For environmentalists and Lower Mainland First Nations, 76 reasons to oppose Trans Mountain

One researcher says biggest risk to whales may not be oil tankers


A female southern resident killer whale breaches in the calm blue waters of the Salish Sea between Washington State and British Columbia, Canada. (Monika Wieland/Shutterstock)

There are no new protections for endangered southern resident killer whales in Tuesday’s latest approval of the Trans Mountain pipeline expansion project, say advocates, many of whom fear for the survival of the species.

“If the project goes forward as currently planned, it will further push the southern residents toward extinction,” said Margot Venton, a lawyer with environmental law firm Ecojustice.

“That’s what’s on the table.”

Last summer, the federal court of appeal struck down the proposed pipeline expansion project in part because the National Energy Board did not consider the impact that increased shipping from the project could have on the whales, which now number just 76 individuals in the wild, according to Orca Network.

The whales are protected by the federal Species At Risk Act, but their population has been in decline for years.

There are no new protections for endangered southern resident killer whales in Tuesday’s latest approval of the Trans Mountain pipeline expansion project, say advocates, many of whom fear for the survival of the species.

“If the project goes forward as currently planned, it will further push the southern residents toward extinction,” said Margot Venton, a lawyer with environmental law firm Ecojustice.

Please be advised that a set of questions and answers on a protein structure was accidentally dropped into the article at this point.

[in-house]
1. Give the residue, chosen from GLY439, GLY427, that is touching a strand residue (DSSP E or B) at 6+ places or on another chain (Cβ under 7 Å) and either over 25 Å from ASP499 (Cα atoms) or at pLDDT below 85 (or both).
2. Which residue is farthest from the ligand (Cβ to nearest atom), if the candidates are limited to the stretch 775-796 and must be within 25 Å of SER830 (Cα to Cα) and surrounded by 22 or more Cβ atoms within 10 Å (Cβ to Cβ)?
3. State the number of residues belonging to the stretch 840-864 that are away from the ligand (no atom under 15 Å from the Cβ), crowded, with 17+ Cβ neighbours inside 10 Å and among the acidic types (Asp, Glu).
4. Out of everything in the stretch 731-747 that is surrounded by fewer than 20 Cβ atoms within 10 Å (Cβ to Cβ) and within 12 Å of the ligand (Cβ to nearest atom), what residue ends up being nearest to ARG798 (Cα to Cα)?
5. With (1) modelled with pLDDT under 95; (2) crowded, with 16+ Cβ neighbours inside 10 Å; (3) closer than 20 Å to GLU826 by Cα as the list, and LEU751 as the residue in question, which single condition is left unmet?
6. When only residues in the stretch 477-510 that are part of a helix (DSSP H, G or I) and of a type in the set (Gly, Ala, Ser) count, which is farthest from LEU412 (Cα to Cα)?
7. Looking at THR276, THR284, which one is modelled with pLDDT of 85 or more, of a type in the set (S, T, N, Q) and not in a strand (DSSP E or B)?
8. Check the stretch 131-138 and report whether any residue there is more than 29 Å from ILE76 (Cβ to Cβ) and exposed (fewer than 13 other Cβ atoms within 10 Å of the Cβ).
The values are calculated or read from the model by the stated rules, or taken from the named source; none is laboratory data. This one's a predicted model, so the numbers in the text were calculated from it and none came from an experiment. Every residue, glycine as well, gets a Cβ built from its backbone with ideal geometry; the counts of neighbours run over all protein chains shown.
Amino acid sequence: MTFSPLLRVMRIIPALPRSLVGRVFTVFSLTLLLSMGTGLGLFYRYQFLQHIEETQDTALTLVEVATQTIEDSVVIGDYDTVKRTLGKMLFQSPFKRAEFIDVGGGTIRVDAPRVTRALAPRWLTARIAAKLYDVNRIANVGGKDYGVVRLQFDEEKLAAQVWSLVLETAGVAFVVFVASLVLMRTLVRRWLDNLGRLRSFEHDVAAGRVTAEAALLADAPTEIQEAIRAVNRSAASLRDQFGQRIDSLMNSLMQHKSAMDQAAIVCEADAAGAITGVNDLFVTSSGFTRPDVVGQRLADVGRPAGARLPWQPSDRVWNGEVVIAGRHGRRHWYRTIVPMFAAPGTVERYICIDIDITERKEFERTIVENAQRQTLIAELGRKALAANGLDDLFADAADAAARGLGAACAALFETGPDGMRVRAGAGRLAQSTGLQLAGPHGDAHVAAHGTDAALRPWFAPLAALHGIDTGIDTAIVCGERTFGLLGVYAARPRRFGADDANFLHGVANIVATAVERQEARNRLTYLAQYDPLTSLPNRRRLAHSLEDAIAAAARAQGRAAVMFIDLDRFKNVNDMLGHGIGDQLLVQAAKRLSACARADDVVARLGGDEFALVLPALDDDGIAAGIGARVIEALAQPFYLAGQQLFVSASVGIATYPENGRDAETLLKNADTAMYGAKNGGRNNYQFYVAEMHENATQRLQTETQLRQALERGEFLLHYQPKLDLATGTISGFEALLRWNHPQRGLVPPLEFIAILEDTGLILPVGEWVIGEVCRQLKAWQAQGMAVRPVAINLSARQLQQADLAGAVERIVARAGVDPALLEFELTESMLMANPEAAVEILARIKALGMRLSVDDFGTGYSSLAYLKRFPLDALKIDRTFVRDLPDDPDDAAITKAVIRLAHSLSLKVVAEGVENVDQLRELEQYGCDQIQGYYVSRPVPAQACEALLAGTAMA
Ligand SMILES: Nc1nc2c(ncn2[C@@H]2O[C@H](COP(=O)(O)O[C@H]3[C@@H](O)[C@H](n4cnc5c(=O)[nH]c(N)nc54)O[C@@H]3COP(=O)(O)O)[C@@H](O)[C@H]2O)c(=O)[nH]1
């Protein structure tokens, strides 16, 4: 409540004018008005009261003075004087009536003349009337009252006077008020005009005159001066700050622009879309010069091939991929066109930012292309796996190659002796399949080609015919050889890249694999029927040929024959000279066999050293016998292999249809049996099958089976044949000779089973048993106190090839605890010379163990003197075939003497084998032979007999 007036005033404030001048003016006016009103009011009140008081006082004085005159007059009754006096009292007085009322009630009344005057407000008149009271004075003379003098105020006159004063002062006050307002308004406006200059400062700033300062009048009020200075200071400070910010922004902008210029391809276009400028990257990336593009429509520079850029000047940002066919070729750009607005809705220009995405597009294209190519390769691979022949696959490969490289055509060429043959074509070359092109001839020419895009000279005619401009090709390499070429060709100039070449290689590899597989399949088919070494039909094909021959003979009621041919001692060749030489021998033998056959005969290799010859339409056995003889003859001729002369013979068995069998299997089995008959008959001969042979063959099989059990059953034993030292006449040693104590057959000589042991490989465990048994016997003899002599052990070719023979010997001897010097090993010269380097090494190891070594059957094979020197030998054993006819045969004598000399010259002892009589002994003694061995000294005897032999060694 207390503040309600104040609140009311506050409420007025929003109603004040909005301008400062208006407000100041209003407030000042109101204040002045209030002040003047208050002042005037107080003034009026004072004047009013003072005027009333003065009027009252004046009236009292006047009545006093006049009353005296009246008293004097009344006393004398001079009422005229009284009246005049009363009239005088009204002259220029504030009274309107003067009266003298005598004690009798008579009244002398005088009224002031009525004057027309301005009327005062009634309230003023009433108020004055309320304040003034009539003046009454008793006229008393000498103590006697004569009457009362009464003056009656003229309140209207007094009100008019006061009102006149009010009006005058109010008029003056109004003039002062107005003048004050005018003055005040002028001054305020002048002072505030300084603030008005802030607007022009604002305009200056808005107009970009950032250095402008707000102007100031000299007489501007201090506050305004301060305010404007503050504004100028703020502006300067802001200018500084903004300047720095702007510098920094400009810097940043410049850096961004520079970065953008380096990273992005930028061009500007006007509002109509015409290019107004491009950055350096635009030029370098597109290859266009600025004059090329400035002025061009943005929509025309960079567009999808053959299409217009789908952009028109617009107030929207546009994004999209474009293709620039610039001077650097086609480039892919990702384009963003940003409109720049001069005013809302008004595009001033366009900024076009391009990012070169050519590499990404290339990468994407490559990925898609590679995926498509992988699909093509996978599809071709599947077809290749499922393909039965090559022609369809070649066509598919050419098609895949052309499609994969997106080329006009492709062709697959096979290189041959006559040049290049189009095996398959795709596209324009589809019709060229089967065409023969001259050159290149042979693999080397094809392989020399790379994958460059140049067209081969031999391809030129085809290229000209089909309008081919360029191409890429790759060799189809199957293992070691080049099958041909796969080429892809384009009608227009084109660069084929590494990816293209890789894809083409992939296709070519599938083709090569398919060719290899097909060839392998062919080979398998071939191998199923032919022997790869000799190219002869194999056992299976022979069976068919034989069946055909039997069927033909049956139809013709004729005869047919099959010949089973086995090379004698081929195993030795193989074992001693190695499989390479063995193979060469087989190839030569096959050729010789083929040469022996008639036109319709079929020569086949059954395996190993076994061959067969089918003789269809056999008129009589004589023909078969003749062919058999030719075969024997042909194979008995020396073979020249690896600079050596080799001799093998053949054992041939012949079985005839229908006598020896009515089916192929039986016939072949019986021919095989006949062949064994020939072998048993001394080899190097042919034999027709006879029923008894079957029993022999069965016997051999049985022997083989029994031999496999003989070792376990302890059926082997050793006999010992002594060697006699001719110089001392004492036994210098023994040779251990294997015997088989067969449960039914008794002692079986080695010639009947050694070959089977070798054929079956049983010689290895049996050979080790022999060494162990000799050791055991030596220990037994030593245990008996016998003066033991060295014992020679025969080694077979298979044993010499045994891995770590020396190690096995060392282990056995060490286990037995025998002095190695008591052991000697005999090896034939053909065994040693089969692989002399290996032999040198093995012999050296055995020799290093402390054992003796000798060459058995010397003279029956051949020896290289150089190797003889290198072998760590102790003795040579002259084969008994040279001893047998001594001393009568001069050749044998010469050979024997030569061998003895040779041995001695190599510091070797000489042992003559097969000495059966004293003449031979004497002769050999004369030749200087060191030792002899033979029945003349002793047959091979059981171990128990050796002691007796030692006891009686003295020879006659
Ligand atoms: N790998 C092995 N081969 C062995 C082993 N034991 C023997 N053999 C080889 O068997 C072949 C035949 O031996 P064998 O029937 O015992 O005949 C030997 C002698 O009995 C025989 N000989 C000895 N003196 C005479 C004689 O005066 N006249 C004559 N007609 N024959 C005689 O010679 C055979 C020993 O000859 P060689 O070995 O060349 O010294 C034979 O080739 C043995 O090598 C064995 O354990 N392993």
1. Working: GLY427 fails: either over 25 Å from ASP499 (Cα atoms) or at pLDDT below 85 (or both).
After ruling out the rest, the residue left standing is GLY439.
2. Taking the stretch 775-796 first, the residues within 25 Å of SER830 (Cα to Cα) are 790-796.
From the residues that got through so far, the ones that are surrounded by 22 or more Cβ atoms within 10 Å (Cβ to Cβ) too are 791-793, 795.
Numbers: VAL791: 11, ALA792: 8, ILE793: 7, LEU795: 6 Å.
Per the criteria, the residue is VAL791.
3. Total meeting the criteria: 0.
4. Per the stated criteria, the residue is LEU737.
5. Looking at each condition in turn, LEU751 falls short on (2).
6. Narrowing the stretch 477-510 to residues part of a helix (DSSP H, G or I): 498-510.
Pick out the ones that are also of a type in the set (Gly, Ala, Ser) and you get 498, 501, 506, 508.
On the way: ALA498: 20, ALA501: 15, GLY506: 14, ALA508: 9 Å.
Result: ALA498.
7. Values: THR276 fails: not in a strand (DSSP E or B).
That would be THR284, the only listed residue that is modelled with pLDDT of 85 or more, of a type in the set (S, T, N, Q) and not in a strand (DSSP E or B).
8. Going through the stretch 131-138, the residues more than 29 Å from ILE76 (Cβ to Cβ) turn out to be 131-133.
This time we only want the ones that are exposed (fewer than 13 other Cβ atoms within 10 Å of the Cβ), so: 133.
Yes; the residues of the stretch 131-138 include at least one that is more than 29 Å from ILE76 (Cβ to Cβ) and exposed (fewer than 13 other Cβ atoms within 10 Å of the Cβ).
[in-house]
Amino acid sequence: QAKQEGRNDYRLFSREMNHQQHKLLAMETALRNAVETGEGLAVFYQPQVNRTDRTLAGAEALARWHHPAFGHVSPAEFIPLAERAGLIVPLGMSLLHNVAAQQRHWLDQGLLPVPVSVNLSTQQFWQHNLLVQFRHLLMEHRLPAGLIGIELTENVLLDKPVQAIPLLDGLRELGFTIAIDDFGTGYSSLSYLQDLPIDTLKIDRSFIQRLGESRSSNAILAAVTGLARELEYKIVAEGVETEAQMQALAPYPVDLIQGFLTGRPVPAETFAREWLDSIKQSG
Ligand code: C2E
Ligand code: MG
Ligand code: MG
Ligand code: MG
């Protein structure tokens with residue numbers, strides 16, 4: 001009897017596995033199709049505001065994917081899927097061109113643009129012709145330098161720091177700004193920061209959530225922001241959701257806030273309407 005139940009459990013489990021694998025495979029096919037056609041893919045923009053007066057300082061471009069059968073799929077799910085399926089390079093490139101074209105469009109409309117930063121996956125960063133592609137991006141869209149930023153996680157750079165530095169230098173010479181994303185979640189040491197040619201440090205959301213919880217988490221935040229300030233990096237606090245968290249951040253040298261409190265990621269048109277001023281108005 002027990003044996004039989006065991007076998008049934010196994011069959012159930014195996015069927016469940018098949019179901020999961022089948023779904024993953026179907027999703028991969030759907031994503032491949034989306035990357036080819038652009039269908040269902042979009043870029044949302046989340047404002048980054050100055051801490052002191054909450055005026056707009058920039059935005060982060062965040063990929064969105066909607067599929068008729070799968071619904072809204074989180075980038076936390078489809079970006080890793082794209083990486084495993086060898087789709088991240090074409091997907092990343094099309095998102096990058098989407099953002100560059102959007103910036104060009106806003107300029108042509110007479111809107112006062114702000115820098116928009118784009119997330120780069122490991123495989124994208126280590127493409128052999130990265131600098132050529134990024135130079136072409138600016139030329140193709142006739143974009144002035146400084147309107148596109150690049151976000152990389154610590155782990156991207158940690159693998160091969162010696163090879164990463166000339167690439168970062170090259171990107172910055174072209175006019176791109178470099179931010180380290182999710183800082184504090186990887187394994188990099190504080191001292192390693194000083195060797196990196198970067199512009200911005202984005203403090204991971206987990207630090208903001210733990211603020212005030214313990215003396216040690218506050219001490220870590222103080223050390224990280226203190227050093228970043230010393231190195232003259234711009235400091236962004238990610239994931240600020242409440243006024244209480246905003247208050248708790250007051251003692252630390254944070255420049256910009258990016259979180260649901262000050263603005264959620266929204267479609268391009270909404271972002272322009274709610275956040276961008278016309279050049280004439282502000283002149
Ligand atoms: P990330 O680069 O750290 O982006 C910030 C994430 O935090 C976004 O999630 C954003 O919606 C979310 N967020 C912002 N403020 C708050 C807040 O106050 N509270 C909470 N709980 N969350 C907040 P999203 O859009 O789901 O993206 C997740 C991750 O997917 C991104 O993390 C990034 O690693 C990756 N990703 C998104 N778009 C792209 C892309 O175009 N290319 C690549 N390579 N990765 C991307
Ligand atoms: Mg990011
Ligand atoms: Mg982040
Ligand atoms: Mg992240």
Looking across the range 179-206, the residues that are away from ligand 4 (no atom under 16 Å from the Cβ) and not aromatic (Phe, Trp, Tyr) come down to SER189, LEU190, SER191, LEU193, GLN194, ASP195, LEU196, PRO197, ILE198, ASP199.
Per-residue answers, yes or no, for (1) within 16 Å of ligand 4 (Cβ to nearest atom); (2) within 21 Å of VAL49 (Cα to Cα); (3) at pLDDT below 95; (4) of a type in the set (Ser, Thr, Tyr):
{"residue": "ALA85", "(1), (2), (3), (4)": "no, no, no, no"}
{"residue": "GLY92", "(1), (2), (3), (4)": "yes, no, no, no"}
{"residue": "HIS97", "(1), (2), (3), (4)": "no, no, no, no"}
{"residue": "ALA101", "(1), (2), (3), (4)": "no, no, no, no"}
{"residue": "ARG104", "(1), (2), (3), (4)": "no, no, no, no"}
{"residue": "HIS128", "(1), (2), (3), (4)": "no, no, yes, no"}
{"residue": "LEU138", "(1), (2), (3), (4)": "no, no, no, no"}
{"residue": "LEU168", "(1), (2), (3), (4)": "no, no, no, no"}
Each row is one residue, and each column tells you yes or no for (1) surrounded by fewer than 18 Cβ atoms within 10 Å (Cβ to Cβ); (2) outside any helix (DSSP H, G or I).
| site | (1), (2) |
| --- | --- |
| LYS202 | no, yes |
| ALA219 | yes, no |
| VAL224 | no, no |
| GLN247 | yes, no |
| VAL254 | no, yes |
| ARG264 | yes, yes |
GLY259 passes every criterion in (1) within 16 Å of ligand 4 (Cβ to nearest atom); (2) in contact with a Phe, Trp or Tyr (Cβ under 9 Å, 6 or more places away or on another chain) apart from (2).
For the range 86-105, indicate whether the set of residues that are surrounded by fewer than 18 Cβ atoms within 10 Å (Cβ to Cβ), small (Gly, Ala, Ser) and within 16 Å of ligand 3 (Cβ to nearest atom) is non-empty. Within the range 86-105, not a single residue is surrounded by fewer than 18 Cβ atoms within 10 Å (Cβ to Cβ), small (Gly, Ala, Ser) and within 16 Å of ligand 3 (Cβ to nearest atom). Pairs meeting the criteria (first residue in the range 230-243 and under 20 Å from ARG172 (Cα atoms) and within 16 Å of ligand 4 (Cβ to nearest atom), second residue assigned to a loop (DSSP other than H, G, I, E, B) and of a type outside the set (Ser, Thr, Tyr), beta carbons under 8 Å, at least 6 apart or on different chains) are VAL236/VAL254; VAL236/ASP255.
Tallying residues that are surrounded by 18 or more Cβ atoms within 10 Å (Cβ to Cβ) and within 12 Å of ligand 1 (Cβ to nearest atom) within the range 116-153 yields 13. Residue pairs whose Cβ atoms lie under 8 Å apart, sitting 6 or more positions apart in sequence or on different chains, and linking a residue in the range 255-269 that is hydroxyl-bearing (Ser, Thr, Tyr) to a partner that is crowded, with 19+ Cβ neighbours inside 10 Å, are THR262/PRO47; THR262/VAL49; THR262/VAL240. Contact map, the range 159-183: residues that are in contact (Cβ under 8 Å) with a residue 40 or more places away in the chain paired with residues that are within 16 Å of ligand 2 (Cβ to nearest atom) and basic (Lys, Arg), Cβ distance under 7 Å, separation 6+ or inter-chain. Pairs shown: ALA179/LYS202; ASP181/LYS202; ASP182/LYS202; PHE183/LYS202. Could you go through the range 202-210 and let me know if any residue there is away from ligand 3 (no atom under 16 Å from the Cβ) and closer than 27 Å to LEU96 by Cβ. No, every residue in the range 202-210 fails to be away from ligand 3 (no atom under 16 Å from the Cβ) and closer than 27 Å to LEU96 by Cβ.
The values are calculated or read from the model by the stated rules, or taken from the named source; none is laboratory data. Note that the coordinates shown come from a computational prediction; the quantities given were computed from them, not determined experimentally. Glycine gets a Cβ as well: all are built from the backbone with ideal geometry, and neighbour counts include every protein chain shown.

“That’s what’s on the table.”

Last summer, the federal court of appeal struck down the proposed pipeline expansion project in part because the National Energy Board did not consider the impact that increased shipping from the project could have on the whales, which now number just 76 individuals in the wild, according to Orca Network.

The whales are protected by the federal Species At Risk Act, but their population has been in decline for years.Those groups accuse the federal government of using half-measures to keep the species from disappearing forever.


Vessel noise can interfere with killer whales’ ability to hunt, navigate and communicate with each other, so researchers are looking into what impact it will have on them. (Elaine Thompson/AP)

Vessel noise has been found to interfere with their ability to hunt, and ship strikes can seriously injure or kill them. Environmentalists fear increased oil tanker traffic from an expanded Trans Mountain project could make these problems worse.

Canada’s fisheries minister says the federal government has acted to protect the whales, with a number of measures, including rules to reduce noise and traffic, but environmentalists and some First Nations are not convinced.

Those groups accuse the federal government of using half-measures to keep the species from disappearing forever. MORE

First Nations leaders at odds over potential pipeline ownership

Is the Trudeau government cynically trying to pass over liability to First Nations?

‘The bottom line is that there is no certainty in this investment,’ says Judy Wilson


Steel pipe to be used in the oil pipeline construction of the Trans Mountain expansion project at a stockpile site in Kamloops, B.C. (Dennis Owen/Reuters)

An Indigenous group is urging other First Nations to not invest in the Trans Mountain pipeline expansion, arguing it is not a sound investment.

The Union of B.C. Indian Chiefs (UBCIC) has penned an open letter to some leaders who are exploring the idea of partial ownership in the project.